Magnus Carlsen rips Hans Niemann in latest chapter of chess feud, accuses him of cheating
Magnus Carlsen flatly accused Hans Niemann of cheating in a lengthy statement Monday.
Carlsen, the No. 1-ranked chess player in the world, explained his decision to withdraw from the Sinquefield Cup earlier this month and resigning from their Julius Baer Generation Cup match with Niemann after one move.
Niemann has faced cheating allegations — from anything to wireless vibrating anal beads to a vibrating shoe, according to multiple reports — in the past and the rumors took the internet by storm with Tesla CEO Elon Musk even chiming in at one point.
While Carlsen has alluded to the cheating rumors as the reasons why he resigned from his latest match against Niemann, he pointed directly to that in the statement
"I know that my actions have frustrated many in the chess community. I’m frustrated. I want to play chess. I want to continue to play chess at the high level in the best events," he said.
"I believe that cheating in chess is a big deal and an existential threat to the game. I also believe that chess organizers and all those who care about the sanctity of the game we love should seriously consider security measures and methods of cheat detection for over the board chess. When Niemann was invited last minute to the 2022 Sinquefield Cup, I strongly considered withdrawing prior to the event. I ultimately chose to play.
"I believe that Niemann has cheated more — and more recently — than he publicly admitted. His over the board progress has been unusual, and throughout our game in the Sinquefield Cup I had the impression that he wasn’t tense or even fully concentrating on the game in critical positions, while outplaying me as black in a way I think only a handful of players can do. This game contributed to changing my perspective.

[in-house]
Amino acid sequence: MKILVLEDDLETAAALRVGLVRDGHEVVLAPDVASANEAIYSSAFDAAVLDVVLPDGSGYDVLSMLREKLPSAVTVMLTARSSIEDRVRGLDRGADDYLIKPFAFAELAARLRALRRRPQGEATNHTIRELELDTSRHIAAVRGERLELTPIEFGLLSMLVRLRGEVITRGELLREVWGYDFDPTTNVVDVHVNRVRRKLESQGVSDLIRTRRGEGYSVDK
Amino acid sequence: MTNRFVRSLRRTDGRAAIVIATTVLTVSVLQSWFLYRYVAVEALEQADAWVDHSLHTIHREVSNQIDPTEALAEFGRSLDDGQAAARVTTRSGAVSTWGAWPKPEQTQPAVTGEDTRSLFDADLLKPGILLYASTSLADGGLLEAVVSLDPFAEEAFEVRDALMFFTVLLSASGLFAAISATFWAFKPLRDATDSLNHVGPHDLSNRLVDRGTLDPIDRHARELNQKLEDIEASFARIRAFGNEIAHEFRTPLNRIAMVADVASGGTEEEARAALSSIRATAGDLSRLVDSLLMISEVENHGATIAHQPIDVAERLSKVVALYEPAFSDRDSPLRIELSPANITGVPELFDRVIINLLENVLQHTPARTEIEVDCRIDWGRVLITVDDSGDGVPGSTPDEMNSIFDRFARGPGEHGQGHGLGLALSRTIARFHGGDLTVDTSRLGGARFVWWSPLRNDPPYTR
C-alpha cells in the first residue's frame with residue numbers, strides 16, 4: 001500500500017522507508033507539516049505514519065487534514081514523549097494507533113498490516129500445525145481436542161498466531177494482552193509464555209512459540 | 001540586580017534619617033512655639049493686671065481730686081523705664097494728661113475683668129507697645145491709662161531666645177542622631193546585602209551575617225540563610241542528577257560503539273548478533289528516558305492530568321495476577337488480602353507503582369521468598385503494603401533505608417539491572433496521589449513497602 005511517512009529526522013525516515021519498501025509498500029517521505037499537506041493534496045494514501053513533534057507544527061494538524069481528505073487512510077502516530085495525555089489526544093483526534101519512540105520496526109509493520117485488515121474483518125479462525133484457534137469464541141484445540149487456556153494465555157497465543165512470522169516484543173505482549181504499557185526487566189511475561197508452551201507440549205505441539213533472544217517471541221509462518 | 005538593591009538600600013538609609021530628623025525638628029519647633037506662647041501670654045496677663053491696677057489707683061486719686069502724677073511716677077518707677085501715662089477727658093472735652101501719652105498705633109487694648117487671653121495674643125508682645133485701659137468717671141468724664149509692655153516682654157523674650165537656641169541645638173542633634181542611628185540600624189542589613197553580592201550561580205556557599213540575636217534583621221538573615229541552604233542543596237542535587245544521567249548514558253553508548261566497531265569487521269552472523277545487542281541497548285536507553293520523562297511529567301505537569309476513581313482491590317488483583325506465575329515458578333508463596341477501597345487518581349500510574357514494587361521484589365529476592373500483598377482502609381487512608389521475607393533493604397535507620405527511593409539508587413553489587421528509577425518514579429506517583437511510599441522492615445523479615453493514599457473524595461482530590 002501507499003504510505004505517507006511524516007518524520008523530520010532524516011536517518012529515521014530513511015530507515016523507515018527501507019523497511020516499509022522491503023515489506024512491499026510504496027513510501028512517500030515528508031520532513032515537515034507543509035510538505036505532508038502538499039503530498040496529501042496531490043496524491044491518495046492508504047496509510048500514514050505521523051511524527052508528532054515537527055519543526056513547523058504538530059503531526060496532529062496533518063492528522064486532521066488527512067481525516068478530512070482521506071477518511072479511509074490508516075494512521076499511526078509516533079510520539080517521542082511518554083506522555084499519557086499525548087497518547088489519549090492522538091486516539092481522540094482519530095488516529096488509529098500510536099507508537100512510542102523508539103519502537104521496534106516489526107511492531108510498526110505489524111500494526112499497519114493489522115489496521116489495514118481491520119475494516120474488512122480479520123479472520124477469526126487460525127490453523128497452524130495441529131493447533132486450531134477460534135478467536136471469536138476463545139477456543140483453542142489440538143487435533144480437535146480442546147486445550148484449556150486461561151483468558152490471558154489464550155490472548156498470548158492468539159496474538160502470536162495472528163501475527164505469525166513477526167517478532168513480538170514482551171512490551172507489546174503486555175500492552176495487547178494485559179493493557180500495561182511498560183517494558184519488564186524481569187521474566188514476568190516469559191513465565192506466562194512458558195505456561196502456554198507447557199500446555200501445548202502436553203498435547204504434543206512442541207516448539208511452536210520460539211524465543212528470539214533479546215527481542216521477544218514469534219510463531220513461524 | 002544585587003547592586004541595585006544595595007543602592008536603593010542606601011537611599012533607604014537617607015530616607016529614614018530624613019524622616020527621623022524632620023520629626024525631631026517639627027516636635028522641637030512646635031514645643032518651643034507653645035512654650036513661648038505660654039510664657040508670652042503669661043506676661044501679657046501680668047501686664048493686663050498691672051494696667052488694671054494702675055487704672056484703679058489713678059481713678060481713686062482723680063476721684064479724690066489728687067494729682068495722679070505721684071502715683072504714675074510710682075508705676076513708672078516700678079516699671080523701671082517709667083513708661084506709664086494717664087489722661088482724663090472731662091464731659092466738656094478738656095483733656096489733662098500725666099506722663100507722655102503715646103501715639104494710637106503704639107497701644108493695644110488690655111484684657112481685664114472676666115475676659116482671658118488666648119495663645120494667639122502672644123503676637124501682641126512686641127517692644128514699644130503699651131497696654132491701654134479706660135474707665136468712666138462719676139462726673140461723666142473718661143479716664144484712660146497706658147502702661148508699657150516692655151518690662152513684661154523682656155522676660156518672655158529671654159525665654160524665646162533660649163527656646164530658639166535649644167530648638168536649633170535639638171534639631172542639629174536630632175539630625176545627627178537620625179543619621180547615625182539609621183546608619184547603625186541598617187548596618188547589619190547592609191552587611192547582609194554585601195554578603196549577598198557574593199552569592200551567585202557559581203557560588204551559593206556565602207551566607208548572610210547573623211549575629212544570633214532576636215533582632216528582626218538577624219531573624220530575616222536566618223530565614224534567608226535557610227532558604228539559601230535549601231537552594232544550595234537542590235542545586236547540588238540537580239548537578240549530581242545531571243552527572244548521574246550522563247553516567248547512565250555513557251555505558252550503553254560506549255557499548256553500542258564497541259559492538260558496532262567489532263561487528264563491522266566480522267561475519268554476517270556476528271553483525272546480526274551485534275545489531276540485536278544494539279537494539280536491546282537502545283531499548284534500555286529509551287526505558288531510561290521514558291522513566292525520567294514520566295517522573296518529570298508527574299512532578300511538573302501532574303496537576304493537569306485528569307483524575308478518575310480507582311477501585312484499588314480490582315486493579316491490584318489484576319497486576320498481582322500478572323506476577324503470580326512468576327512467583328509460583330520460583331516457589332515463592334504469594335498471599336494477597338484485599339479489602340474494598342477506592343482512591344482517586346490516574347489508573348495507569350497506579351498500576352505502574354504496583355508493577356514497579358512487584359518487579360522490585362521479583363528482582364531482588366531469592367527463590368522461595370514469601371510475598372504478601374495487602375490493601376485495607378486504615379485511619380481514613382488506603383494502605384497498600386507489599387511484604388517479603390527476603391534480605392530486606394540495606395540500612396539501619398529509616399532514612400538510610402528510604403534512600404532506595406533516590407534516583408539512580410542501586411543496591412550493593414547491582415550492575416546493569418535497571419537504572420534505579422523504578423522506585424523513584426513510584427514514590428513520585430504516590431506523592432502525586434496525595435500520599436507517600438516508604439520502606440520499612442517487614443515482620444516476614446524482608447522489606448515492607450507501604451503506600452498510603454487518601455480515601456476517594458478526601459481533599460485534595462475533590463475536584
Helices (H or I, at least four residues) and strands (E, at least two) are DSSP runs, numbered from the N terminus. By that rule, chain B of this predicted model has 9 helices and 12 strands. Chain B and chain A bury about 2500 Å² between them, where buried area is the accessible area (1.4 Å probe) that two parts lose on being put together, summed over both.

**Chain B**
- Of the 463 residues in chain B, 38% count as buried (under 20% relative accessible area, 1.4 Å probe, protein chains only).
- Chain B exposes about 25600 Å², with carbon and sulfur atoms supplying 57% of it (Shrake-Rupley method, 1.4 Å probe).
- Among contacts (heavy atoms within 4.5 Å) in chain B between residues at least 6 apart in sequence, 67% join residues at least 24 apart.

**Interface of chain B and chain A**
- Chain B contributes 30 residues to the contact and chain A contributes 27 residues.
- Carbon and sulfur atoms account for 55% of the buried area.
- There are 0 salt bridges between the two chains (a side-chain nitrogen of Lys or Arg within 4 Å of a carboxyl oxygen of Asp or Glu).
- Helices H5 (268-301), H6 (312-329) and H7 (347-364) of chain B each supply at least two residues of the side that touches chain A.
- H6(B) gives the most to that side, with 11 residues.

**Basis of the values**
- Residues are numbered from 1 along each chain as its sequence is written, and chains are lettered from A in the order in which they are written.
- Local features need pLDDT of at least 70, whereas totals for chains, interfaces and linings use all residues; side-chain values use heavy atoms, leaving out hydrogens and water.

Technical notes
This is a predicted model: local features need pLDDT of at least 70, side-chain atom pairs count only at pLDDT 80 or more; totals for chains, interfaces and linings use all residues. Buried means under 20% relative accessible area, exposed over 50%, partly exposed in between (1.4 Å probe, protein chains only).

"We must do something about cheating, and for my part going forward, I do not want to play against people that have cheated repeatedly in the past, because I don’t know what they are capable of doing in the future.
"That is more that I would like to say. Unfortunately, at this time I am limited in what I can say without explicit permission from Niemann to speak openly. So far I have only been able to speak with my actions, and those actions have started clearly that I am not willing to play chess with Niemann. I hope that the truth on this matter comes out, whatever it may be."
FIDE, the International Chess Federation, said Carlsen shouldn’t have resigned given his status as world champion while also acknowledging the need to fight cheating.
"First of all, we strongly believe that the World Champion has a moral responsibility attached to his status, since he is viewed as a global ambassador of the game. His actions impact the reputation of his colleagues, sportive results, and eventually can be damaging to our game. We strongly believe that there were better ways to handle this situation," FIDE said.
"At the same time, we share his deep concerns about the damage that cheating brings to chess. FIDE has led the fight against cheating for many years, and we reiterate our zero-tolerance policy toward cheating in any form. Whether it is online or ‘over the board’, cheating remains cheating. We are strongly committed to this fight, and we have invested in forming a group of specialists to devise sophisticated preventive measures that already apply at top FIDE events."
Niemann hasn’t directly addressed Carlsen’s letter.
He denied cheating in an interview with the Chess Club earlier this month.
"I have never cheated in an over-the-board game. That is the worst thing I could do: cheat in a tournament with prize money," he said, via KSDK-TV. "You know my dream came true. I lived my dream for a day beating Magnus, and then, all of this happened."
Niemann had been accused of cheating in the past — both times while playing online when he was younger.
CLICK HERE TO GET THE FOX NEWS APP
He’s said he’s never "cheated in an over-the-board game," according to the Guardian.